In response to a recent study published in the journal Cancer Epidemiology, Biomarkers and Prevention, the Sugar Association is questioning the study's claim that breast cancer is connected to sucrose consumption.
"While the data for Mexico seems alarming, for women in the U.S., there should be little concern, since statistics show that per capita consumption of sucrose in the U.S. has been on the decline over the past three decades, yet breast cancer cases have remained comparatively steady," stated Dr. David McCarron.
The association further noted that the following shortcomings do not support the authors' theories:
* According to the Institutes of Medicine's (IoM) 2002 report which analyzed the diets of over 25,000 individuals, "Based on the data available on dental caries, behavior, cancer, risk of obesity and risk of hyperlipidemia, there is insufficient evidence to set an upper limit for added sugars." Sucrose was part of the added sugars considered in the IoM report.
* Although the percent of energy from fat was lower in the women with verified breast cancer, the actual number of calories from fat was greater than for women in the control group. This point is critical because the vast majority of breast cancer studies like this have repeatedly shown the significantly positive association between dietary fat and breast cancer, not carbohydrates, in particular, sucrose.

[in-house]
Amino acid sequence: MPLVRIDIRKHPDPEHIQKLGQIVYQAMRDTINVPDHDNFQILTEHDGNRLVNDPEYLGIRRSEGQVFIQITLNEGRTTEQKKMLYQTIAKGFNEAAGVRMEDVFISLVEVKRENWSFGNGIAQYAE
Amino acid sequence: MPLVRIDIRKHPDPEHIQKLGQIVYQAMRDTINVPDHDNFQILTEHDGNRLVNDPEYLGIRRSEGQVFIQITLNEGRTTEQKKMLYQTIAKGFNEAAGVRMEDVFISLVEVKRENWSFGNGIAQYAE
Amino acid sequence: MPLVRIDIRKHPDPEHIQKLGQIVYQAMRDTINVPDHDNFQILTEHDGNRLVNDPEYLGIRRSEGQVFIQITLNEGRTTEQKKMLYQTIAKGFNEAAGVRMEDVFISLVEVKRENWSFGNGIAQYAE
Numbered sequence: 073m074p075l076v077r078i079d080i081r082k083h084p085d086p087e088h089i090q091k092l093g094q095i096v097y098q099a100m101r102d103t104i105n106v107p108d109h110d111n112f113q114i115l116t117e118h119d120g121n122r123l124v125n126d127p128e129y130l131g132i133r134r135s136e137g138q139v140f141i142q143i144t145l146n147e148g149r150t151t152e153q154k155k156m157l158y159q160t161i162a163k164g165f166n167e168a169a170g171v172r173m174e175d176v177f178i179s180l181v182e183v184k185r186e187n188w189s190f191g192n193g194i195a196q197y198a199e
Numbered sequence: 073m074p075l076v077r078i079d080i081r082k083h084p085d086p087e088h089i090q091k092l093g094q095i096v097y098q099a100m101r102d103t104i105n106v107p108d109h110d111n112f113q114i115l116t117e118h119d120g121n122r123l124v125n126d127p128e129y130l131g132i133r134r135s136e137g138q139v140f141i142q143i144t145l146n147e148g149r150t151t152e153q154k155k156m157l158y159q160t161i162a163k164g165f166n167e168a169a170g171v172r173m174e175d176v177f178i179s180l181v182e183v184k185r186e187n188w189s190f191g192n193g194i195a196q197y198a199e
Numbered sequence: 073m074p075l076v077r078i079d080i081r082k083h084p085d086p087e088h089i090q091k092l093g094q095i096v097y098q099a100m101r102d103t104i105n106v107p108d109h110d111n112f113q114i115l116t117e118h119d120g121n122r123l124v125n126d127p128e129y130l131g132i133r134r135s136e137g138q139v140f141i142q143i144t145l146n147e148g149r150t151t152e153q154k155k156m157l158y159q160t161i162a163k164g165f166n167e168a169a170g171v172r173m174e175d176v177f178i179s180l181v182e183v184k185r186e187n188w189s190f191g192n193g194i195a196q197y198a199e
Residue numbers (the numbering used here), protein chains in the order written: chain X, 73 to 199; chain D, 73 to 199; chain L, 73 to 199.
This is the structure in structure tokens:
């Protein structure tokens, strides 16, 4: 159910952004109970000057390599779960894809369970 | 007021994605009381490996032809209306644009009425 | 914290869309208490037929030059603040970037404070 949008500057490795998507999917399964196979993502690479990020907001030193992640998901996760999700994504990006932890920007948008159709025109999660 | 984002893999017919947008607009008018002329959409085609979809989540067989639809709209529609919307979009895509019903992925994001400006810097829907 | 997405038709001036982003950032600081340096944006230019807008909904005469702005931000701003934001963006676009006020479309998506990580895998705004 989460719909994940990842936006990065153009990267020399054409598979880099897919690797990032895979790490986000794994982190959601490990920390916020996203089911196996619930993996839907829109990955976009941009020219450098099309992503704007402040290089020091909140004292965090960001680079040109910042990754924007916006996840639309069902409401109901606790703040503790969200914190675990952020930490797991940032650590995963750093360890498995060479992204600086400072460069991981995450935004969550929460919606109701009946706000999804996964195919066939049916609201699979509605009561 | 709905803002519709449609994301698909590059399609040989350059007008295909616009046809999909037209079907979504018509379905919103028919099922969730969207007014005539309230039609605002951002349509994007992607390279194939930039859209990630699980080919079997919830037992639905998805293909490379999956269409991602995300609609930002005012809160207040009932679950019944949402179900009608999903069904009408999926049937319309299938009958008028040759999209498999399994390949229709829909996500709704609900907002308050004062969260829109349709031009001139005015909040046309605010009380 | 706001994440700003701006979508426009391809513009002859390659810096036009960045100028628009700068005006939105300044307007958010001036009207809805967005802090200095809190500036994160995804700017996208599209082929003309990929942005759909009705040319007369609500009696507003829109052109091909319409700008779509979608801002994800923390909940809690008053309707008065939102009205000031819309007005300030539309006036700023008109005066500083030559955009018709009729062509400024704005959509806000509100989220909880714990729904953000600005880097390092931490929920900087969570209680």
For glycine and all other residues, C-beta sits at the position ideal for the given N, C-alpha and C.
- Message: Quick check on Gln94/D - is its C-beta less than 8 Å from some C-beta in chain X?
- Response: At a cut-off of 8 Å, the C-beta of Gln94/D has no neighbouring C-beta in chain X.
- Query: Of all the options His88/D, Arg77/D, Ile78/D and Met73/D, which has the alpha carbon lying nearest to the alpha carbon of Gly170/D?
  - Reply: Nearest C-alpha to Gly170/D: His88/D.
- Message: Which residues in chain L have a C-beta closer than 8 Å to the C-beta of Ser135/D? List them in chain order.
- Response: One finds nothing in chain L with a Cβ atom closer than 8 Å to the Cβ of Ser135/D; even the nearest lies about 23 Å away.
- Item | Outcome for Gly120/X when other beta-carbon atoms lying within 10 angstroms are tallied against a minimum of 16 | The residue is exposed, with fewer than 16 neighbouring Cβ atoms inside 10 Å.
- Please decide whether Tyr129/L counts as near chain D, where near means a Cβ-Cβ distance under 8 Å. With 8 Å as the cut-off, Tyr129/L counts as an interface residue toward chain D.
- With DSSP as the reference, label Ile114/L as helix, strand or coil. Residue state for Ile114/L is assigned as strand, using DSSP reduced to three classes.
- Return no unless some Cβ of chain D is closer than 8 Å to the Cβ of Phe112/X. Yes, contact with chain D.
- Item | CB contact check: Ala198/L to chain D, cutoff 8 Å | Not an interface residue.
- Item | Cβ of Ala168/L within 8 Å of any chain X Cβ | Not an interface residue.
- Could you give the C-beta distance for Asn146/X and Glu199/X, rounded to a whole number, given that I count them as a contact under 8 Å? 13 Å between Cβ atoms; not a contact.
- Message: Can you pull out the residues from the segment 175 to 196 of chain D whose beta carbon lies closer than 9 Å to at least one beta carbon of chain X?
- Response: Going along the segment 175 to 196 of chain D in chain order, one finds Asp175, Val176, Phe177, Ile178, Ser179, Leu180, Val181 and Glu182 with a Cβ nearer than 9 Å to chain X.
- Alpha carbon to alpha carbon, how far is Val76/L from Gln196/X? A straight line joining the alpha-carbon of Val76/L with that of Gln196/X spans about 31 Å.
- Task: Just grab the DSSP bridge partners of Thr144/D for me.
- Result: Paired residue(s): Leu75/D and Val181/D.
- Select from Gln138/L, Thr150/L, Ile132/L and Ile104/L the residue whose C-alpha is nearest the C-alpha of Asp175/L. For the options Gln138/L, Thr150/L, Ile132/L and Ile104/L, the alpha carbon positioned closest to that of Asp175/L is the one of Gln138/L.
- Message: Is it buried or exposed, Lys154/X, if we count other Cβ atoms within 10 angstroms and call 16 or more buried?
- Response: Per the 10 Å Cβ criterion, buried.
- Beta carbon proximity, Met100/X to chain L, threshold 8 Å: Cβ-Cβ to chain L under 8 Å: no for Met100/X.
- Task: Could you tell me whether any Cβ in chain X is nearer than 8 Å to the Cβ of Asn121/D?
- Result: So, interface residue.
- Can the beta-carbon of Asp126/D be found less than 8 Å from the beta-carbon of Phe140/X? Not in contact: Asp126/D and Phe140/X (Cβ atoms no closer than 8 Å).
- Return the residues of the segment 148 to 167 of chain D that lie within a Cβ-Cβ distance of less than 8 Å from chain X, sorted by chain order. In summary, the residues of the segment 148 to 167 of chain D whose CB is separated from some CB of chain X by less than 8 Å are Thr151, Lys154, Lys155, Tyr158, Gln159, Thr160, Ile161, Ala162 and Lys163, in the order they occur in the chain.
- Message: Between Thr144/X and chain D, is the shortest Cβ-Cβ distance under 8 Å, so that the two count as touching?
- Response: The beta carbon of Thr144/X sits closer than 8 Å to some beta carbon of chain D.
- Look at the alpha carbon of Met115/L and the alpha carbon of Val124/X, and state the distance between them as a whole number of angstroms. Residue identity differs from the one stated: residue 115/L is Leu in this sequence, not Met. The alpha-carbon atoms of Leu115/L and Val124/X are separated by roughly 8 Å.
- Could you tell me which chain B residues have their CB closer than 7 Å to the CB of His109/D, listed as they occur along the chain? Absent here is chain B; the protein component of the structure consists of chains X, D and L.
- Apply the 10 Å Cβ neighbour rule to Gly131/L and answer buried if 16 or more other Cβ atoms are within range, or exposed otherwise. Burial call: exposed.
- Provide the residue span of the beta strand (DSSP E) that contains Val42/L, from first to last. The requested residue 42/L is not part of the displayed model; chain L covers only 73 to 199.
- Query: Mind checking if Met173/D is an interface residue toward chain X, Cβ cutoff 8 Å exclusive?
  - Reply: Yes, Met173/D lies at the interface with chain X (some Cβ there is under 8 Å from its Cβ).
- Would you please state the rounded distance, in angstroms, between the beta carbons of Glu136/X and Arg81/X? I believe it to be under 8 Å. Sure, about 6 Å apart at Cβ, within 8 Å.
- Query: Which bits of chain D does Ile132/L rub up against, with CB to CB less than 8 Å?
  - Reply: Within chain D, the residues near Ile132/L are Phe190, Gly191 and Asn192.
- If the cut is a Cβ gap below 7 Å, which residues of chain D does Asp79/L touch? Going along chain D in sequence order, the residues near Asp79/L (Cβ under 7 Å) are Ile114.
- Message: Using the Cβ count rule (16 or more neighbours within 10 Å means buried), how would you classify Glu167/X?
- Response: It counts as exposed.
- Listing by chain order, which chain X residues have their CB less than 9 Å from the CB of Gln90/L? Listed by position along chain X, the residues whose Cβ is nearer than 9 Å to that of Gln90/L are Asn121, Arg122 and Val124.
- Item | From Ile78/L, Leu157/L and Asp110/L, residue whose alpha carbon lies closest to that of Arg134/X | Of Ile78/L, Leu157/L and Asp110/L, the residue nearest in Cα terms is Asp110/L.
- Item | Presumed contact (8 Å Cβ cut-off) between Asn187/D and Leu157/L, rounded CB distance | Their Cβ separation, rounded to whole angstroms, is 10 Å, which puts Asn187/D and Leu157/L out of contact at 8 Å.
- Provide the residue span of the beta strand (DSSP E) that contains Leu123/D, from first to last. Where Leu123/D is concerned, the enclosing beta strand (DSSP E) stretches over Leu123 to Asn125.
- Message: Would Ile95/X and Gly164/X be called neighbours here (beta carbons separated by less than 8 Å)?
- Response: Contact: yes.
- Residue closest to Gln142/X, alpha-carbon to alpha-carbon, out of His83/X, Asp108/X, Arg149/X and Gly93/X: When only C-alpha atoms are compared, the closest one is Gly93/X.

* World breast cancer statistics in the World Health Organization databank show that Mexico with its "historically high level of carbohydrate intake" has breast cancer mortality rates far lower than countries that historically have a diet rich in mono-saturated fat (the good fats).
"We encourage consumers to maintain a healthy lifestyle by eating balanced diets and being active on a regular basis," said Andy Briscoe, president and CEO of the Sugar Association.
"Sugar (sucrose) is all natural and only 15 calories per teaspoon. It has played an important role in our food supply for centuries, from taste to food safety to making food palatable. And sugar will continue to be an important ingredient in the food supply."